Manganese ( /ˈmæŋɡənz/, MANG-gən-neez) is a chemical element, designated by the symbol Mn. It has the atomic number 25. It is found as a free element in nature (often in combination with iron), and in many minerals. As a free element, manganese is a metal with important industrial metal alloy uses, particularly in stainless steels.

Manganese phosphating is used as a treatment for rust and corrosion prevention on steel. Depending on their oxidation state, manganese ions have various colors and are used industrially as pigments. The permanganates of alkali and alkaline earth metals are powerful oxidizers. Manganese dioxide is used as the cathode (electron acceptor) material in standard and alkaline disposable dry cells and batteries.

Manganese(II) ions function as cofactors for a number of enzymes in higher organisms, where they are essential in detoxification of superoxide free radicals. The element is a required trace mineral for all known living organisms. In larger amounts, and apparently with far greater activity by inhalation, manganese can cause a poisoning syndrome in mammals, with neurological damage which is sometimes irreversible.

Contents

Characteristics

Physical properties

Manganese is a silvery-gray metal resembling iron. It is hard and very brittle, difficult to fuse, but easy to oxidize.[1] Manganese metal and its common ions are paramagnetic.[2]

Isotopes

Naturally occurring manganese is composed of 1 stable isotope, 55Mn. Eighteen radioisotopes have been characterized with the most stable being 53Mn with a half-life of 3.7 million years, 54Mn with a half-life of 312.3 days, and 52Mn with a half-life of 5.591 days. All of the remaining radioactive isotopes have half-lives that are less than 3 hours and the majority of these have half-lives that are less than 1 minute. This element also has 3 meta states.[3]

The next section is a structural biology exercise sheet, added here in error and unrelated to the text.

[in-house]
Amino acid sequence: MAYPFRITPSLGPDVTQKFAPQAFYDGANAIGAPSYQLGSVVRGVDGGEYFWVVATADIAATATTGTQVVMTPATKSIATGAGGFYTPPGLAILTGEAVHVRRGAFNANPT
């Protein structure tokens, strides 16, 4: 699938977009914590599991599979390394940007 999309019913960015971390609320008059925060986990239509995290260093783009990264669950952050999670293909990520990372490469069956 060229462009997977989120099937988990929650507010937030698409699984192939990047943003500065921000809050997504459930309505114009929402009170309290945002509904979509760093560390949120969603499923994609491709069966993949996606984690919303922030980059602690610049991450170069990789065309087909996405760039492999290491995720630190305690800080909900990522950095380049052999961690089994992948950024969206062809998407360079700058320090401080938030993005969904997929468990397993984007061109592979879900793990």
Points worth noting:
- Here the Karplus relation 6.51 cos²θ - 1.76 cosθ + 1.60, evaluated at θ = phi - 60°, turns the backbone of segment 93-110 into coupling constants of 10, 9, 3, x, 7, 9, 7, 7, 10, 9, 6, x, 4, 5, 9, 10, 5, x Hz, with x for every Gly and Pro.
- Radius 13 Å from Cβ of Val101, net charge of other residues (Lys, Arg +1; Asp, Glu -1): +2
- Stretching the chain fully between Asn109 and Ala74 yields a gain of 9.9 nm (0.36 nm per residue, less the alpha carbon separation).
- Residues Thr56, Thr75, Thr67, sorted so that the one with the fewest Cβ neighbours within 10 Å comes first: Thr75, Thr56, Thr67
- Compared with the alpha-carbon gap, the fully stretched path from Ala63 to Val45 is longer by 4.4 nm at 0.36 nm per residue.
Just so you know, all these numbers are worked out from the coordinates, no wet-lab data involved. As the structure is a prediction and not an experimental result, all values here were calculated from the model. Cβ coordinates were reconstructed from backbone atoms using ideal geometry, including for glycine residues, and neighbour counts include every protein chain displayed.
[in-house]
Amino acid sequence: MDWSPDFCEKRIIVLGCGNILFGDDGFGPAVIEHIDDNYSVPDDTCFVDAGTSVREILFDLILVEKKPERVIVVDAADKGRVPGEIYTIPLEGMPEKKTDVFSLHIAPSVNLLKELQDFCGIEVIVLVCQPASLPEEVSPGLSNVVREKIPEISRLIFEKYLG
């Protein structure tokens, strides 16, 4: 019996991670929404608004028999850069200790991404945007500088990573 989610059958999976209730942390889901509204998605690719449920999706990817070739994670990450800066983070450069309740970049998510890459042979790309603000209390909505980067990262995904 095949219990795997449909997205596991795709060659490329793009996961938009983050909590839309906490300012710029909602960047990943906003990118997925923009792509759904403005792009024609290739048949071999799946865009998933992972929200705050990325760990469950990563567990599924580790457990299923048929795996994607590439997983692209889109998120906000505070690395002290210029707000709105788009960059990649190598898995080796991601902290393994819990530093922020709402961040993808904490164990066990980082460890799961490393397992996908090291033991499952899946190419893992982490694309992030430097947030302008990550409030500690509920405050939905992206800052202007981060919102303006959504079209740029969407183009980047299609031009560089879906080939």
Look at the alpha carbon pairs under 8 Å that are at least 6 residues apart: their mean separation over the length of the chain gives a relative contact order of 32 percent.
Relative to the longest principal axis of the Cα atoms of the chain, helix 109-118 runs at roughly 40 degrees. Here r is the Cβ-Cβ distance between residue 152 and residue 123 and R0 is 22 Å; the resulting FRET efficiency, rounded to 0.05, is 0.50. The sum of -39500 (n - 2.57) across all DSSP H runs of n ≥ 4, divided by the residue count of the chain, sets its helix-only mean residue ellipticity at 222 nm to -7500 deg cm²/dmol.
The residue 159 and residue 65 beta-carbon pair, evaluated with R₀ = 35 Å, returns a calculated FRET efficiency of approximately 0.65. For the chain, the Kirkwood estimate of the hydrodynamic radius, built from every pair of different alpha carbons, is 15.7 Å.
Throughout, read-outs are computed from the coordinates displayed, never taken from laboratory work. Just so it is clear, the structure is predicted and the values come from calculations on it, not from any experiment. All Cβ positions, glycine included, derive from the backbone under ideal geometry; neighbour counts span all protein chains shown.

Manganese is part of the iron group of elements, which are thought to be synthesized in large stars shortly before the supernova explosion. 53Mn decays to 53Cr with a half-life of 3.7 million years. Because of its relatively short half-life, 53Mn occurs only in tiny amounts due to the action of cosmic rays on iron in rocks.[4] Manganese isotopic contents are typically combined with chromium isotopic contents and have found application in isotope geology and radiometric dating. Mn–Cr isotopic ratios reinforce the evidence from 26Al and 107Pd for the early history of the solar system. Variations in 53Cr/52Cr and Mn/Cr ratios from several meteorites indicate an initial 53Mn/55Mn ratio that suggests Mn–Cr isotopic composition must result from in–situ decay of 53Mn in differentiated planetary bodies. Hence 53Mn provides additional evidence for nucleosynthetic processes immediately before coalescence of the solar system.[3]

The isotopes of manganese range in atomic weight from 46 u (46Mn) to 65 u (65Mn). The primary decay mode before the most abundant stable isotope, 55Mn, is electron capture and the primary mode after is beta decay.[3]

Chemical properties

Oxidation states
of manganese[note 1][5]
0 Mn2(CO)10
+1 K5[Mn(CN)6NO]
+2 MnCl2
+3 MnF3
+4 MnO2
+5 Na3MnO4
+6 K2MnO4
+7 KMnO4

The most common oxidation states of manganese are +2, +3, +4, +6 and +7, though oxidation states from -3 to +7 are observed. Mn2+ often competes with Mg2+ in biological systems. Manganese compounds where manganese is in oxidation state +7, which are restricted to the unstable oxide Mn2O7 and compounds of the intensely purple permanganate anion MnO4, are powerful oxidizing agents.[1] Compounds with oxidation states +5 (blue) and +6 (green) are strong oxidizing agents and are vulnerable to disproportionation.

The most stable oxidation state for manganese is +2, which has a pale pink color, and many manganese(II) compounds are known, such as manganese(II) sulfate (MnSO4) and manganese(II) chloride (MnCl2). This oxidation state is also seen in the mineral rhodochrosite, (manganese(II) carbonate). The +2 oxidation state is the state used in living organisms for essential functions; other states are toxic for the human body. The +2 oxidation of Mn results from removal of the two 4s electrons, leaving a "high spin" ion in which all five of the 3d orbitals contain a single electron. Absorption of visible light by this ion is accomplished only by a spin-forbidden transition in which one of the d electrons must pair with another, to give the atom a change in spin of two units. The unlikeliness of such a transition is seen in the uniformly pale and almost colorless nature of Mn(II) compounds relative to other oxidation states of manganese.[6]